And finally, a word with Hannah Neurotica

Throughout Women in Horror Recognition Month, sites like ours have spent the last 28 days extolling the virtues of females in various roles within the genre we all share a strong love for. “It’s something that should be all year round” says Hannah Neurotica, the founder of Women in Horror Recognition Month. “My hope over the years is to get everyone to realise that the creative drive of these women is every bit as worthwhile as a man’s and that women should be taken seriously in the film industry in general.”

She’s right. Respecting the creative efforts of a person, regardless of gender or race, should not have to be confined to the shortest month of the year but in the male dominated world of moviemaking, the task of forcing people to look passed their preconceived notions is a long and arduous one. It’s one that starts with a small step.

Hannah Neurotica first took that step in 2009 when she crafted a manifesto in the form of a blog post. This would be the basis of 2010s first official celebration of the underrepresented female working in the horror genre.

“Around the time that Jennifer’s Body came out, I was on a panel with Yuvonka (Vuckovic – Filmmaker and former editor of Rue Morgue) and Aviva Briefel (author of Horror After 9/11) and a few other women. The interviewer was acting like we were a novelty or like we were a small group of weird women who didn’t really represent any kind of population. A lot of focus was on the way we looked.” This is the first time in our discussion that Hannah begins to sound exasperated: “How can people still not know that women love horror films?! As fans, but women also love to make horror films and write scary stories”

It was shortly after that when Hannah decided that something had to be done to address this widespread belittling of women within the culture of horror.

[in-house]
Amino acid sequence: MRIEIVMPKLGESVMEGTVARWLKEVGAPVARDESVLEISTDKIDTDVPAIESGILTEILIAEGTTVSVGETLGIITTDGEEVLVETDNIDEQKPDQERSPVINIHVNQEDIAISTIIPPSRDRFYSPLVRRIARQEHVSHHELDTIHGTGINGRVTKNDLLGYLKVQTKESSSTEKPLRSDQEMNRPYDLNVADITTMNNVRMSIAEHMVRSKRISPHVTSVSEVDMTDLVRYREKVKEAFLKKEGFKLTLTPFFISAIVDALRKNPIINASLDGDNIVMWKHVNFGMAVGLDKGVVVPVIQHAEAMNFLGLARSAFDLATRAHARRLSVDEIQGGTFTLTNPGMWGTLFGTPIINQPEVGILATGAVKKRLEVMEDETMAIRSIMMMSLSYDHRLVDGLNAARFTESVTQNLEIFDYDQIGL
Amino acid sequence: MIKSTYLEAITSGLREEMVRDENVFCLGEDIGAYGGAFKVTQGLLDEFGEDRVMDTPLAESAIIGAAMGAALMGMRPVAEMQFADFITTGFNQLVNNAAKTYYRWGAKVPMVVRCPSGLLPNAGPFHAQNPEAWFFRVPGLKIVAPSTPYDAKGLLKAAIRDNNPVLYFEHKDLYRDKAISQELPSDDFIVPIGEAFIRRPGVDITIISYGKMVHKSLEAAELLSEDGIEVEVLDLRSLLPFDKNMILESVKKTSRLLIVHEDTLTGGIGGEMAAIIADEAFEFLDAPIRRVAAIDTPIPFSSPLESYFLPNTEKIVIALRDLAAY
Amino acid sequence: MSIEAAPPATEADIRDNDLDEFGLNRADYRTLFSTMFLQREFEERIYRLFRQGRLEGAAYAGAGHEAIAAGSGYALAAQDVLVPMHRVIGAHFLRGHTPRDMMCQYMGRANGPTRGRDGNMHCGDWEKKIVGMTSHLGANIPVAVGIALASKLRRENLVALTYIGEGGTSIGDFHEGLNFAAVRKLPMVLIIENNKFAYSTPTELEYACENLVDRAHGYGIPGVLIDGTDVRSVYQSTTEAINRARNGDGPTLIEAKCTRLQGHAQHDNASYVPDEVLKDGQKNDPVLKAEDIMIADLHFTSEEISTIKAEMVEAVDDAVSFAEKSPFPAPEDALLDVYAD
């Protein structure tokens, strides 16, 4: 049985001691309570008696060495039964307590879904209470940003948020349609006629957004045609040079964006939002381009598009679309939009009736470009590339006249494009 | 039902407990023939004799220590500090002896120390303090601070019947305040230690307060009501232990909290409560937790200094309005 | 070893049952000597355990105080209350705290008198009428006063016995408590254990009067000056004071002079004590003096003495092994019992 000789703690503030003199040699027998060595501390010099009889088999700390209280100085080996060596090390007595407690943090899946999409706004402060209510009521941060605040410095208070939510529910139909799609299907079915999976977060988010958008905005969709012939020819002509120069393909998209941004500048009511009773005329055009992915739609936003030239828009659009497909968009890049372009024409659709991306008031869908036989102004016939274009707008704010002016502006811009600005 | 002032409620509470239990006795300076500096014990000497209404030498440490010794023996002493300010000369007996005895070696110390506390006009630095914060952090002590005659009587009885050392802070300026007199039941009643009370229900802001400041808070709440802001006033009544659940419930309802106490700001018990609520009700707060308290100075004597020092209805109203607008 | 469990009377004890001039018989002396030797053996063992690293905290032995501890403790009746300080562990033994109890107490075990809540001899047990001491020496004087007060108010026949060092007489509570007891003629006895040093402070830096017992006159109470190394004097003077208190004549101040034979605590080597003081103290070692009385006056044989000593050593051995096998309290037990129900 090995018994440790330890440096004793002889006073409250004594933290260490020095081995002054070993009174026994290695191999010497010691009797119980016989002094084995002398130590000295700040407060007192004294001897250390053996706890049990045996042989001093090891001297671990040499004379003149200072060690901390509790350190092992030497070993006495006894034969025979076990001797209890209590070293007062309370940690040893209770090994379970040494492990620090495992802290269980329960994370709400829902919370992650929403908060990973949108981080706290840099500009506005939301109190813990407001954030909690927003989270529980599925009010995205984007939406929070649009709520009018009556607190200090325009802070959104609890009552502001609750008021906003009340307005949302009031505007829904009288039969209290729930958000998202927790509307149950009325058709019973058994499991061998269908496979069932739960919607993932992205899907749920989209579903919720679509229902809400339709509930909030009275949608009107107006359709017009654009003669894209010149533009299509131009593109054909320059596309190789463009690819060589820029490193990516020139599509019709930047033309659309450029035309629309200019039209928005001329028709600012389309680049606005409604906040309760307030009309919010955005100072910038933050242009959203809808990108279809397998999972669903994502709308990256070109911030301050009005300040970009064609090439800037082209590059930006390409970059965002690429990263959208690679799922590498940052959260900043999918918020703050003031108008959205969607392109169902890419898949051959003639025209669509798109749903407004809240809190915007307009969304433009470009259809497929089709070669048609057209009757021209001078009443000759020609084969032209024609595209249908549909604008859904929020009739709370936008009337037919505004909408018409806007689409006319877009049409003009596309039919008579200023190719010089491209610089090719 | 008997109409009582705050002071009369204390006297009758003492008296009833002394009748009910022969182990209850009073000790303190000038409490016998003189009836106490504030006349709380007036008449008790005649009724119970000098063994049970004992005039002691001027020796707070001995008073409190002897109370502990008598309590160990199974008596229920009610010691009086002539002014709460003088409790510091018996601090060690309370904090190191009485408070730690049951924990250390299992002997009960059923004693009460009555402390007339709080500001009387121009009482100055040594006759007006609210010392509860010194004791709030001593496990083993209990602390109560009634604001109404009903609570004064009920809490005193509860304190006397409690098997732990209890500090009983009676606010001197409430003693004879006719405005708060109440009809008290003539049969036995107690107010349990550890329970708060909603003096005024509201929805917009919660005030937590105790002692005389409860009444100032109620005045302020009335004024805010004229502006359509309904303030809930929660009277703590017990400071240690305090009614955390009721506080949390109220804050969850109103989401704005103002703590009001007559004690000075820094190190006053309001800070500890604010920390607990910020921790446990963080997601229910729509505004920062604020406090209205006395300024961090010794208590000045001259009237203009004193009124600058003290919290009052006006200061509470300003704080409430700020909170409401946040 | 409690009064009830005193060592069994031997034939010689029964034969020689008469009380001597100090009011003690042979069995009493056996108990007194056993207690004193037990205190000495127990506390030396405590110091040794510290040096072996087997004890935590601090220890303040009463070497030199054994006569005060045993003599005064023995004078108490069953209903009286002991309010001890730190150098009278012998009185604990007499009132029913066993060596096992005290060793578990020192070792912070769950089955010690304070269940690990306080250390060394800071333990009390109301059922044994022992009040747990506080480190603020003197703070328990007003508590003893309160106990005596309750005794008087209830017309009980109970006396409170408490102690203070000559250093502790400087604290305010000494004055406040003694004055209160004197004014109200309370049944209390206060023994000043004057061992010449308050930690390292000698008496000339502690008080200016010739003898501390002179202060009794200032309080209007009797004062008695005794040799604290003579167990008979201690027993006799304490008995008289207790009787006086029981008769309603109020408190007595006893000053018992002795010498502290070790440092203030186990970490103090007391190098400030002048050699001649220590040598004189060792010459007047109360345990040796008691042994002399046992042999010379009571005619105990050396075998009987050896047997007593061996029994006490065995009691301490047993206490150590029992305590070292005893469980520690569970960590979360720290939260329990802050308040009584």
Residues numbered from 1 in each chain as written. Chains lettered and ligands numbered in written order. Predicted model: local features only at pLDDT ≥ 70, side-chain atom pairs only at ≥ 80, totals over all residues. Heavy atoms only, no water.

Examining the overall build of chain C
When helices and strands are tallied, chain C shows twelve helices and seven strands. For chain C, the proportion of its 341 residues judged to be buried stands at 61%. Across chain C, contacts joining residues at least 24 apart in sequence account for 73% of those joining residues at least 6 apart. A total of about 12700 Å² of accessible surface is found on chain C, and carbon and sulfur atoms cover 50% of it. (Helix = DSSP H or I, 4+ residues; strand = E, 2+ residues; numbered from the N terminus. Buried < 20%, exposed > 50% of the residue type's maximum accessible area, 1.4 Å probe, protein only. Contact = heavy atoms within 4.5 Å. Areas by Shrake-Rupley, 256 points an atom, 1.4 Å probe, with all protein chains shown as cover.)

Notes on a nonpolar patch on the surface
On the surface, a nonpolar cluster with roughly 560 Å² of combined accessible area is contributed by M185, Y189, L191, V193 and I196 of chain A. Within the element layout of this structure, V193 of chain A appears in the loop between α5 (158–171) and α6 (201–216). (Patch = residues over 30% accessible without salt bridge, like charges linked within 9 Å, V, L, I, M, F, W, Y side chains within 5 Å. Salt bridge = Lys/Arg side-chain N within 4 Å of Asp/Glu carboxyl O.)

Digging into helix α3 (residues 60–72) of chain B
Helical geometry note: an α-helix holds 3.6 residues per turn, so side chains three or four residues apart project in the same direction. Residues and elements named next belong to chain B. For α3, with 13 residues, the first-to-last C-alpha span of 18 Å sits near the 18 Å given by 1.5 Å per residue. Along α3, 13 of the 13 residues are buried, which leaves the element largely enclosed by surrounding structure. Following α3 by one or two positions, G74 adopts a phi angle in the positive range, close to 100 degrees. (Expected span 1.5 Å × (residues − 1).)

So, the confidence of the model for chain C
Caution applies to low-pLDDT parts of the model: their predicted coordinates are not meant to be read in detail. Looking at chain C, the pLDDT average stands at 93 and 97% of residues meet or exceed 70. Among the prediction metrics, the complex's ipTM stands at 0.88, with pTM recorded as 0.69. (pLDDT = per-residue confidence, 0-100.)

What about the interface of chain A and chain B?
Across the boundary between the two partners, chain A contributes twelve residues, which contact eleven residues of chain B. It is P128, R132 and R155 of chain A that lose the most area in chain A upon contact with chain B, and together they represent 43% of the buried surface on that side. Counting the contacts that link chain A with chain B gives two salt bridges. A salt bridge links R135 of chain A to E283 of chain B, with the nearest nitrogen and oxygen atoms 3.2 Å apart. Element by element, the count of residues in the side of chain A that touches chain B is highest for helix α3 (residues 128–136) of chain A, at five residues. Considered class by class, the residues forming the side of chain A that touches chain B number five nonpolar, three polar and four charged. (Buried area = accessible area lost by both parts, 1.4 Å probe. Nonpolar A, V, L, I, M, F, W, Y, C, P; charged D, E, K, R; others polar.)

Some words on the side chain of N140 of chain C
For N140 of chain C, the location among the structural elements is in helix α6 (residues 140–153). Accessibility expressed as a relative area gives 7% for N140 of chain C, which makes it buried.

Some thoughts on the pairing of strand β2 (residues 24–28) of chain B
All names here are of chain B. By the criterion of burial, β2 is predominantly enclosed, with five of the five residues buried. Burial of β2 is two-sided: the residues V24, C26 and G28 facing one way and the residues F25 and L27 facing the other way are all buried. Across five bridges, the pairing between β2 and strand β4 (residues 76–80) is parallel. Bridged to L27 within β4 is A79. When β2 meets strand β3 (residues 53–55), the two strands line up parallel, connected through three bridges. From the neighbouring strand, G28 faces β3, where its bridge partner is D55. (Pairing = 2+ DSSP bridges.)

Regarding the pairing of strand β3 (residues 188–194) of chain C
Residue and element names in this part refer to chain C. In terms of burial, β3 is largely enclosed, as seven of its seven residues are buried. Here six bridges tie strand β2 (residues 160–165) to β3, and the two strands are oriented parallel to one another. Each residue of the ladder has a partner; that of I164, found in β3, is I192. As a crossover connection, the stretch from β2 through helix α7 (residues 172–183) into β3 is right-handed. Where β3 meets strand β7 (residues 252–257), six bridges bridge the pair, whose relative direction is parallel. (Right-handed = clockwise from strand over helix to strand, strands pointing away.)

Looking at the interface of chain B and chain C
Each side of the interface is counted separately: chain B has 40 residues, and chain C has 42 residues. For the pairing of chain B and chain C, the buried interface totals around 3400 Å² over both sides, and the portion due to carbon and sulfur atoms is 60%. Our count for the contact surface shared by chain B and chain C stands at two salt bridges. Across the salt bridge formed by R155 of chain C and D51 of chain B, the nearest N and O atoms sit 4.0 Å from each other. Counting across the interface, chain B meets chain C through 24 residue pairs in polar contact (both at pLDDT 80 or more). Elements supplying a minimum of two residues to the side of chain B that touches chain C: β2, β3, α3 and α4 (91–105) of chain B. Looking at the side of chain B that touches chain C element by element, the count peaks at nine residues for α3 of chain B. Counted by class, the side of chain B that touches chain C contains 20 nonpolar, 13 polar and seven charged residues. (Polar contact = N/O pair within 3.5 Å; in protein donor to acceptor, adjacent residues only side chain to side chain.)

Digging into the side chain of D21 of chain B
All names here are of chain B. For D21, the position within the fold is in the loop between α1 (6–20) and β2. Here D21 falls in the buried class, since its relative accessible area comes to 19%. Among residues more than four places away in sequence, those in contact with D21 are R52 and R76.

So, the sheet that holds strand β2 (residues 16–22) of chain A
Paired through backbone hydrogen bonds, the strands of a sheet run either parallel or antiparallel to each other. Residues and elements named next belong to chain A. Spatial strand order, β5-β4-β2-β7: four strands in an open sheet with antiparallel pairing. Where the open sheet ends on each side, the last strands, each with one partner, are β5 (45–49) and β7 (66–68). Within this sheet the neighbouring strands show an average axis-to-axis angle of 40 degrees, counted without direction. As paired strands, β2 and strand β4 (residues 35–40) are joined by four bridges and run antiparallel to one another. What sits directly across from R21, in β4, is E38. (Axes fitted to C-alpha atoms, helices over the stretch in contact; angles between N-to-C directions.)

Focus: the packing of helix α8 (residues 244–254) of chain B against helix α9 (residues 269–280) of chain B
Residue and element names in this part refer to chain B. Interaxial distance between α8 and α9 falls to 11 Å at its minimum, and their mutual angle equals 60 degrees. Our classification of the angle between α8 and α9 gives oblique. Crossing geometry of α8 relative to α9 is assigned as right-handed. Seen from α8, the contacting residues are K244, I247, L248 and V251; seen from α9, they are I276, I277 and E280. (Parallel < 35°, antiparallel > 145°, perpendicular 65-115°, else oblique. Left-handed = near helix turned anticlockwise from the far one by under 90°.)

“If people are so shocked by womens’ relationship with horror then there is a lot of education needed, and a lot of women out there who don’t have the support or networks.”

It was incredible how quickly Women in Horror Recognition Month caught on through social networking. It was almost as if an entire generation of web-literate gorehounds were just waiting for the floodgates to open, people were salivating over the idea that for one month at least, they would be celebrated.

In the years since its inception, February has become synonymous with female horror enthusiasts (to the point where I worry that it may be a dumping ground for those who don’t really care about the cause, and just want to ditch all their “chick stuff” in February while living 11 months of guilt free misogyny). Hannah’s plan to unite women passionate about the genre has started to pay dividends. It was through 2010′s Women in Horror month that introduced the movement’s biggest success story, the Soska Twins’ first feature Dead Hooker in a Trunk to a wider audience. You could even suggest that through the championing of these women via the Women in Horror network was just the catalyst the Powers That Be needed to allow the Soskas to apply their own subversive storytelling to altogether more mainstream cinema.

Soska Sisters and Katharine Isabelle at Frightfest 2012 11

Hannah clearly appreciates the big successes, but she appears altogether more galvanised by the smaller victories: “I have been in touch with a woman in Serbia who was basically saying she was really depressed. There was nothing for women in horror, but also for women being supported in the technical art of filmmaking. When she found Women in Horror, it inspired her to start her own community called Girls Do Horror in Serbia and they had their first big event this Febraury.”

“It’s just like a domino effect, the more we help each other then the more it’s going to bleed over into other forms of industry”

You can hear an edited 29 minute version of the interview here:

One Comment on “And finally, a word with Hannah Neurotica”

  1. [...] And finally, a word with Hannah Neurotica « Gorepress. Like this:Like Loading… Posted on March 1, 2013 by hannahneurotica. This entry was posted in Uncategorized. Bookmark the permalink. [...]

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